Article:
New switchable smart meters being replaced ‘as a precaution’
The rollout of fullyfunctional smart meters has been further delayed after “teething issues” with the system. This week, the Government announced that the deadline by which energy suppliers must stop installing first-generation smart meters would be pushed back. More than half of these meters lose many of their functions when a customer switches provider.
The two-month delay means almost a million more of the substandard meters will be installed, bringing the total number above 13 million.
The new type of meter, which will be connected to a national communications network to allow easy switching between energy providers, was initially supposed to be widely used from July. But that date has twice been pushed back and, so far, only about 26,000 have been installed, according to figures from industry analysts ElectraLink.
Telegraph Money can disclose that a number of secondgeneration meters, believed to be in the low thousands, have already been replaced within months of being installed. Tom Thorp, chief executive of Foresight Metering, a company that rents meters to suppliers, said: “There have been some issues found when operating the IT systems, meters and communications hubs in the live environment that weren’t encountered in testing.
“Due to the current spotlight on energy suppliers around safety, pricing and the customer experience, meters are being replaced as a precaution.”
Mr Thorp said these were likely to be early installations, many of which would have been given to friends and family of suppliers.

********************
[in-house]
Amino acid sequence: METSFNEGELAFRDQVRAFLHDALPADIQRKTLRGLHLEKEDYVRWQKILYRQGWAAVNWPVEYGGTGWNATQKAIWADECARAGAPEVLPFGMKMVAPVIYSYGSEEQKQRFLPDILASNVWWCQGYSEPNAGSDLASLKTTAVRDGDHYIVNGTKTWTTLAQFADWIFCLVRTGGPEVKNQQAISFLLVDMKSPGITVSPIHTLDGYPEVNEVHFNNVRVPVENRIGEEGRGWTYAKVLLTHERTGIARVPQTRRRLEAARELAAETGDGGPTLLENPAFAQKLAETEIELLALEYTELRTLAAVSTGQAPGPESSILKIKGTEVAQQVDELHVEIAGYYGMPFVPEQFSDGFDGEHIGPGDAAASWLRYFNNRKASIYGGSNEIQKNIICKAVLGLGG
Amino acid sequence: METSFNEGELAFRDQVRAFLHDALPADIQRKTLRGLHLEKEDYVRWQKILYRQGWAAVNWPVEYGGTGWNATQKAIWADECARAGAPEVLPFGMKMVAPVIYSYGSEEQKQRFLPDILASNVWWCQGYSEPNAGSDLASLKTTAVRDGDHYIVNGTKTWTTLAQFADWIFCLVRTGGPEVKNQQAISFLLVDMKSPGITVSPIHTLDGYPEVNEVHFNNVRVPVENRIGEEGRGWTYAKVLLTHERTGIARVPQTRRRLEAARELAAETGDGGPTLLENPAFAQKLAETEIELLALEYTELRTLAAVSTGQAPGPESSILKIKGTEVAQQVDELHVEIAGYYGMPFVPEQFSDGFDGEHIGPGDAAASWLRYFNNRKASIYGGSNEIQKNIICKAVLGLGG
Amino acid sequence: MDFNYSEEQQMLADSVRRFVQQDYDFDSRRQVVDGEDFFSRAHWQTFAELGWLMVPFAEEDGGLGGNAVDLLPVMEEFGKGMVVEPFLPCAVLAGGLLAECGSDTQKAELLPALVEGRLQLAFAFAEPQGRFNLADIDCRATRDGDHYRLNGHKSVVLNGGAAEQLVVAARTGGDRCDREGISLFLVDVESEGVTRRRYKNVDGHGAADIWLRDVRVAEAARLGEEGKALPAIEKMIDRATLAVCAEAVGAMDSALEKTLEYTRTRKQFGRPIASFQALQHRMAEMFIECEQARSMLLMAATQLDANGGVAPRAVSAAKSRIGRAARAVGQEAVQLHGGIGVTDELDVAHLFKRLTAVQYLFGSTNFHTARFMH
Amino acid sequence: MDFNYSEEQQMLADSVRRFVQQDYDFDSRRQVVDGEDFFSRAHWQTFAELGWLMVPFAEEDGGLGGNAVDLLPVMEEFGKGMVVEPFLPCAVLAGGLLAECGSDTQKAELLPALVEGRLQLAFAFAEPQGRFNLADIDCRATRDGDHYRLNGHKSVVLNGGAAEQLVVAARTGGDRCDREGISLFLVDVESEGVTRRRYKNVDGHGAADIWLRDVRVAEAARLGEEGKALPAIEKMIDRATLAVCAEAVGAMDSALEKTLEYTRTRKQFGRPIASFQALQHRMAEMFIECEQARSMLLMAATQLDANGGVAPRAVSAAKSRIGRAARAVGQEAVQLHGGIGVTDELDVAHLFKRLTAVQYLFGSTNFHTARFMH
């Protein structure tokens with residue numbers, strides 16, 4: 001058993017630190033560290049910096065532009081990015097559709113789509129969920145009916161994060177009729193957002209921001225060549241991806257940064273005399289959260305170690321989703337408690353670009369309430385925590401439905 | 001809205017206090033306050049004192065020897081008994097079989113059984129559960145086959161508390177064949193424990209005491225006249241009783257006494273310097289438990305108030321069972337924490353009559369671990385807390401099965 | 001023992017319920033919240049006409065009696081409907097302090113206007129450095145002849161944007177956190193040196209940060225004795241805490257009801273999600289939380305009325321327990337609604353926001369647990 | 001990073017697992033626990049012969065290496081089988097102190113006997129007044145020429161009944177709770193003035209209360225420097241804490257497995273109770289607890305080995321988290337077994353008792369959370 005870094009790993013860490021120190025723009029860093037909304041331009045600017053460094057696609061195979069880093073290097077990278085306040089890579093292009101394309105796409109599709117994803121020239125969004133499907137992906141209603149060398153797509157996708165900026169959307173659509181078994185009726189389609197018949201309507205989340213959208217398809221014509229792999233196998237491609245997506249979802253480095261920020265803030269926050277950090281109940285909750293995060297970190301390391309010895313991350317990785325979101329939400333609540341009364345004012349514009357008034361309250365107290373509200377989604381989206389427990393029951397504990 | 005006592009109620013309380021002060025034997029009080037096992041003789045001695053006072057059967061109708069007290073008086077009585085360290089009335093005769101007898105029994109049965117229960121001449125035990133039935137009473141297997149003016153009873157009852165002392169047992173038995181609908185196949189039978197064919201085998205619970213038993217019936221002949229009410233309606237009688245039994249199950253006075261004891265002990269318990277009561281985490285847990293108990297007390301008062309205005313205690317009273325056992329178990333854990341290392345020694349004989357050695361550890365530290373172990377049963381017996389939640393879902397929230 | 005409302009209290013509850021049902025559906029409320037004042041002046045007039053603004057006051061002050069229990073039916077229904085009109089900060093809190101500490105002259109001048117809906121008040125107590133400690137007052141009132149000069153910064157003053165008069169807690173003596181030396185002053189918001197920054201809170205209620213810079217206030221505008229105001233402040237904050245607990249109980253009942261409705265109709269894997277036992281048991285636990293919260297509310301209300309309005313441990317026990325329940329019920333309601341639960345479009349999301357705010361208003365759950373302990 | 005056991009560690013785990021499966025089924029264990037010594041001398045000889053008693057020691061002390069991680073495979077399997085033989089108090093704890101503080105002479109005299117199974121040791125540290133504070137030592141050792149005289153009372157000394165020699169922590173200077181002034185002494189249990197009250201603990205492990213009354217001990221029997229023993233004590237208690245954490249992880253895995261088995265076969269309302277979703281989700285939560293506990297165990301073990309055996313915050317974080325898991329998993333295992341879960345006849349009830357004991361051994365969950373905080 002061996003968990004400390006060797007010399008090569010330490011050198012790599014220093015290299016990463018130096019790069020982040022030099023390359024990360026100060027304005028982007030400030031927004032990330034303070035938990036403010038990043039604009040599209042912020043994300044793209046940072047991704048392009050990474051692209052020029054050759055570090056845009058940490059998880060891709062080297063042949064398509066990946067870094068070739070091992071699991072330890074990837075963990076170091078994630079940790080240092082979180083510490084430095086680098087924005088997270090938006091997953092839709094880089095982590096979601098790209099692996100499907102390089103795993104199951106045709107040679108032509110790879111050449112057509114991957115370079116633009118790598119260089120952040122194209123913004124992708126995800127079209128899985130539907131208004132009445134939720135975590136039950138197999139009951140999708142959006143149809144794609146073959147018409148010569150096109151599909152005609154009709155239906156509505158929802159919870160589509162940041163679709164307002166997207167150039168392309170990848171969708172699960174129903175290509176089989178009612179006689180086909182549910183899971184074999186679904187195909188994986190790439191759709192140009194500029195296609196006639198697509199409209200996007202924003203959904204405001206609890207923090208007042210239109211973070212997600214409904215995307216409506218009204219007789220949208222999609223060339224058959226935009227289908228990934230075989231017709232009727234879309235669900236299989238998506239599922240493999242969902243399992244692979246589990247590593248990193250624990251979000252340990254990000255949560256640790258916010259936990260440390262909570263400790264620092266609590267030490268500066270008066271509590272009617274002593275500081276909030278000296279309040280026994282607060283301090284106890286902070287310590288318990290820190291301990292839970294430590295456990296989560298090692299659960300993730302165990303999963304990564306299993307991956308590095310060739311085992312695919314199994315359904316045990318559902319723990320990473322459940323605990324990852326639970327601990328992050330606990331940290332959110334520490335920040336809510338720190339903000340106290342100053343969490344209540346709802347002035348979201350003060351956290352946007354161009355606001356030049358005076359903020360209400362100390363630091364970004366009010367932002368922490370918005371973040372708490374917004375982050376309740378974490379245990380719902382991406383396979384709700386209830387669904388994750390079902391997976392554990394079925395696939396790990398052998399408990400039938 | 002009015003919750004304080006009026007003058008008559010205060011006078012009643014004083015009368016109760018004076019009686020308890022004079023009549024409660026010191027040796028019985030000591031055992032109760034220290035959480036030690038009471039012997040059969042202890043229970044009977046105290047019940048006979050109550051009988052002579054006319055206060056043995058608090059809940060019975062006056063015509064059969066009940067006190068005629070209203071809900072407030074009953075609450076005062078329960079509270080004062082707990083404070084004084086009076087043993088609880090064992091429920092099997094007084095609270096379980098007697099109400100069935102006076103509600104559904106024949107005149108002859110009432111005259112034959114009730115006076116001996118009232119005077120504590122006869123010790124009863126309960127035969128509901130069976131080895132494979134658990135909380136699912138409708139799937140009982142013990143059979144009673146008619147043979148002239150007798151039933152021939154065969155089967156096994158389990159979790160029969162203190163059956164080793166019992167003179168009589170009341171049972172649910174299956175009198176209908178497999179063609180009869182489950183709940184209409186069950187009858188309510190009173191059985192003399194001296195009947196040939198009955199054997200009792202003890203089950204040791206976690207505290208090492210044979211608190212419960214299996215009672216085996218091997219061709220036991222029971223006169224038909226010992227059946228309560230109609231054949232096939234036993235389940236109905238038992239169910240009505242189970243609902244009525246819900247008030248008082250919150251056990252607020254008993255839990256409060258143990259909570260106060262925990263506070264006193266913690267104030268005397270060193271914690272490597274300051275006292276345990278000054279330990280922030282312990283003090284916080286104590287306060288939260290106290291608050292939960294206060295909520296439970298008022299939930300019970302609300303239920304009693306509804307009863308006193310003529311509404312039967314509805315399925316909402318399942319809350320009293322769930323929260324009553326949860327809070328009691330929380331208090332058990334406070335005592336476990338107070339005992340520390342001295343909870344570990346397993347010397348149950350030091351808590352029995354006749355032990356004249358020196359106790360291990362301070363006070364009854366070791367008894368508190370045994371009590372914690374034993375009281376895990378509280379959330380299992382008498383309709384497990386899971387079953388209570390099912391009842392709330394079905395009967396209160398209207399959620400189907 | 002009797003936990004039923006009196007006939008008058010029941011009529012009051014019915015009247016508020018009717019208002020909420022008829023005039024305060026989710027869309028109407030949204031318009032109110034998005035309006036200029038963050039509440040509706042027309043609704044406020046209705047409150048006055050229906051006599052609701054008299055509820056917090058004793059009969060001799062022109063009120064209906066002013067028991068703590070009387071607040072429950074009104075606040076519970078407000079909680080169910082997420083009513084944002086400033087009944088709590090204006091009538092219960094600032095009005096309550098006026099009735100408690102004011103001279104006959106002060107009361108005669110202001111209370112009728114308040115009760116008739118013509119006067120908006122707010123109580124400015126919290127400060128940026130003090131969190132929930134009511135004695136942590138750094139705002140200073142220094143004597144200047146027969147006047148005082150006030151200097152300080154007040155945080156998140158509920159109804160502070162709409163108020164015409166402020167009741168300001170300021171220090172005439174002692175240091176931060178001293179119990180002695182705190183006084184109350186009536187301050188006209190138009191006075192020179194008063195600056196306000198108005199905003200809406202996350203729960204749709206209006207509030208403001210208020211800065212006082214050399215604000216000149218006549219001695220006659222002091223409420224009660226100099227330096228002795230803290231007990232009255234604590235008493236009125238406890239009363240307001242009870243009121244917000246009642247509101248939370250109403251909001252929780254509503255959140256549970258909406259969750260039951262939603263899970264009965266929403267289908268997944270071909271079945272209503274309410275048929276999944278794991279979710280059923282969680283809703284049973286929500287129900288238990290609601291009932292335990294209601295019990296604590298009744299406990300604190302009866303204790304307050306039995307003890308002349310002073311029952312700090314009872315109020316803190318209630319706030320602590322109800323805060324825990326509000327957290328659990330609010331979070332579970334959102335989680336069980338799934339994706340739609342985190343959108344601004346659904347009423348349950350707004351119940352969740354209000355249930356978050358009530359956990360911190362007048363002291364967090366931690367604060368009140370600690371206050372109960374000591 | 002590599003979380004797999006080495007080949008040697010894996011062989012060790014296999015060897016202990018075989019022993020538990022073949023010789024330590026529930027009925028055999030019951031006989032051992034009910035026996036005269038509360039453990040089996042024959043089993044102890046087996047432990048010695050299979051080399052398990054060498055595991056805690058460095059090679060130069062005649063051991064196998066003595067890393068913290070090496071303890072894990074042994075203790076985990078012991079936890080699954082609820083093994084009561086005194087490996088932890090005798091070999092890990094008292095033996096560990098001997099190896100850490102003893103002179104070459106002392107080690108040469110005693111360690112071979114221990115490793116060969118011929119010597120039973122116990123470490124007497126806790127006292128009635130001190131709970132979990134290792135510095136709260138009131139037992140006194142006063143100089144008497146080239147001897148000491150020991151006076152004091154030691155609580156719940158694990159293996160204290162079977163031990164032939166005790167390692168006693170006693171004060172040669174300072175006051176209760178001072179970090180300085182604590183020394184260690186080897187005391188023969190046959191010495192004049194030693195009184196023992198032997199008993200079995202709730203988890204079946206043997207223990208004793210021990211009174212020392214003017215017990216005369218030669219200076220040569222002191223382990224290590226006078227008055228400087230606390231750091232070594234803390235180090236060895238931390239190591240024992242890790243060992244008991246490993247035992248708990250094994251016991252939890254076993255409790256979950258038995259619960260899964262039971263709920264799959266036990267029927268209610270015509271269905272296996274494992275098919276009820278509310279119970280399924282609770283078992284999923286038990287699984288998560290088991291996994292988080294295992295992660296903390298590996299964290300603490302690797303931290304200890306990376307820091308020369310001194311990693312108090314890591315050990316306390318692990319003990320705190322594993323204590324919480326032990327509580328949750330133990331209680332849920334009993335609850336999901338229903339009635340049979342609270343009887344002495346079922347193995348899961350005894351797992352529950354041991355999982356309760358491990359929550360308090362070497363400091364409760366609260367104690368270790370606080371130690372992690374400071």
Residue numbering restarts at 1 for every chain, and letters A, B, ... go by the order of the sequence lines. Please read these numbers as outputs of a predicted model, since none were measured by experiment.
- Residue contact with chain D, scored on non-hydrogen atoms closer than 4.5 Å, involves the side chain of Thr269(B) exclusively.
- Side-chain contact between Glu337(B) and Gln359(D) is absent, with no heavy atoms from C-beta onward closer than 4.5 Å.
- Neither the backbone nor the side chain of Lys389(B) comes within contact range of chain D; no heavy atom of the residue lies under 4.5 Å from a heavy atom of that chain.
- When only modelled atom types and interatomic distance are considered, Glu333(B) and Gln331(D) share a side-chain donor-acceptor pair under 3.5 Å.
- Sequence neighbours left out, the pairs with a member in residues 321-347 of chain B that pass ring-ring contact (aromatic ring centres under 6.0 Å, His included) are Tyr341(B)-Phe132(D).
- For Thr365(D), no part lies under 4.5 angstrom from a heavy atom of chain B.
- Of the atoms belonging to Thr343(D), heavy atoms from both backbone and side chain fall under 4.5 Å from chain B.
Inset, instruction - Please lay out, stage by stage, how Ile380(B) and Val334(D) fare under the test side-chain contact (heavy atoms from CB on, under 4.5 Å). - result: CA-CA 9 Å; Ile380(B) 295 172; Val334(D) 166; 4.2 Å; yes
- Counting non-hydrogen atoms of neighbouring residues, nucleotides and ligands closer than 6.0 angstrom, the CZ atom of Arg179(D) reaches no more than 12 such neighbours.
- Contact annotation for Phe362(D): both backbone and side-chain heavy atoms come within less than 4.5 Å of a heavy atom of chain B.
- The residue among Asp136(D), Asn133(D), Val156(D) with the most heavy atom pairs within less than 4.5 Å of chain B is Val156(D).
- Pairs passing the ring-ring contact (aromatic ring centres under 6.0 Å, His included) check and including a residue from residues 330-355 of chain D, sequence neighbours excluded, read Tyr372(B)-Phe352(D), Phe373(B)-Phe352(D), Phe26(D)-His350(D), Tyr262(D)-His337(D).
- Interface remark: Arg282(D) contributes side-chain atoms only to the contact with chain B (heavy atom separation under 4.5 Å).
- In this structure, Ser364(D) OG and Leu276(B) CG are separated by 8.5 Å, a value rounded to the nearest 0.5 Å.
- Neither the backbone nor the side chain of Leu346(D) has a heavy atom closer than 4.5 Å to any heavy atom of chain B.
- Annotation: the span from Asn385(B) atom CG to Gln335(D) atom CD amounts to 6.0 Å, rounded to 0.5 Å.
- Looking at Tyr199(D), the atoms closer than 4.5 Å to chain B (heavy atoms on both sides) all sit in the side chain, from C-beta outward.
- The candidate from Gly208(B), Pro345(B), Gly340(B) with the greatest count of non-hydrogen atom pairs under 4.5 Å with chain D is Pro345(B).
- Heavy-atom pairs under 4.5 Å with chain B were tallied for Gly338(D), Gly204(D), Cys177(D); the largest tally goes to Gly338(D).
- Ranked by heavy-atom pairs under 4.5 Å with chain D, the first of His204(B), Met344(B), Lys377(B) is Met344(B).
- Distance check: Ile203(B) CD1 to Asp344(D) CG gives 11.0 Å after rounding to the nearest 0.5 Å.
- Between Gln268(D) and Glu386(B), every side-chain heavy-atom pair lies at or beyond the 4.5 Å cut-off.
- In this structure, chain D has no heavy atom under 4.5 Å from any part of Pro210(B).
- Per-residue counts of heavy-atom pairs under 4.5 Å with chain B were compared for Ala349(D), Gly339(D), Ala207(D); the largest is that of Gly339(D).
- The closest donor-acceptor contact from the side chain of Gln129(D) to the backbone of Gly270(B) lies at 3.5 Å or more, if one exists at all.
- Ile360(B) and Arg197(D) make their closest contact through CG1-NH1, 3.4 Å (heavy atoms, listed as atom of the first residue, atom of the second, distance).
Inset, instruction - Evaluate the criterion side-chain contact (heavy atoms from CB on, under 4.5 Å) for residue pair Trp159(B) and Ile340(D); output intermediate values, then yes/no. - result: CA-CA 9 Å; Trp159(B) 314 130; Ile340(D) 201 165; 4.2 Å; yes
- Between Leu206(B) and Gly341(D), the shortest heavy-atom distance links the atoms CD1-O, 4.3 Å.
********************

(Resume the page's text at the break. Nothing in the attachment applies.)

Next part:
Telegraph Money understands that gas meters made by one manufacturer had significant problems connecting to the network and are being replaced.
The Department of Business, Energy and Industrial Strategy said all first-generation smart meters will be enrolled on the network, fixing the switching issue. Priority will be given to meters that have already lost functions after a switch.
Speaking on Thursday, Claire Perry, the Energy Minister, said: “Today we’re announcing new measures to ensure suppliers are installing the next generation of smart meters and setting out how we’ll ensure all devices stay smart when consumers switch suppliers to get the best deals.” Under Government licensing conditions, suppliers are required to take all reasonable steps to give all their customers a smart meter by 2020.
The cost is being passed on to consumers with the British Infrastructure Group, a panel of MPs chaired by former Conservative Party chairman Grant Shapps, saying the project is likely to come in over-budget and is currently saving consumers just £11 a year.
The Government claims that by 2030 smart meters will save every household £47 a year.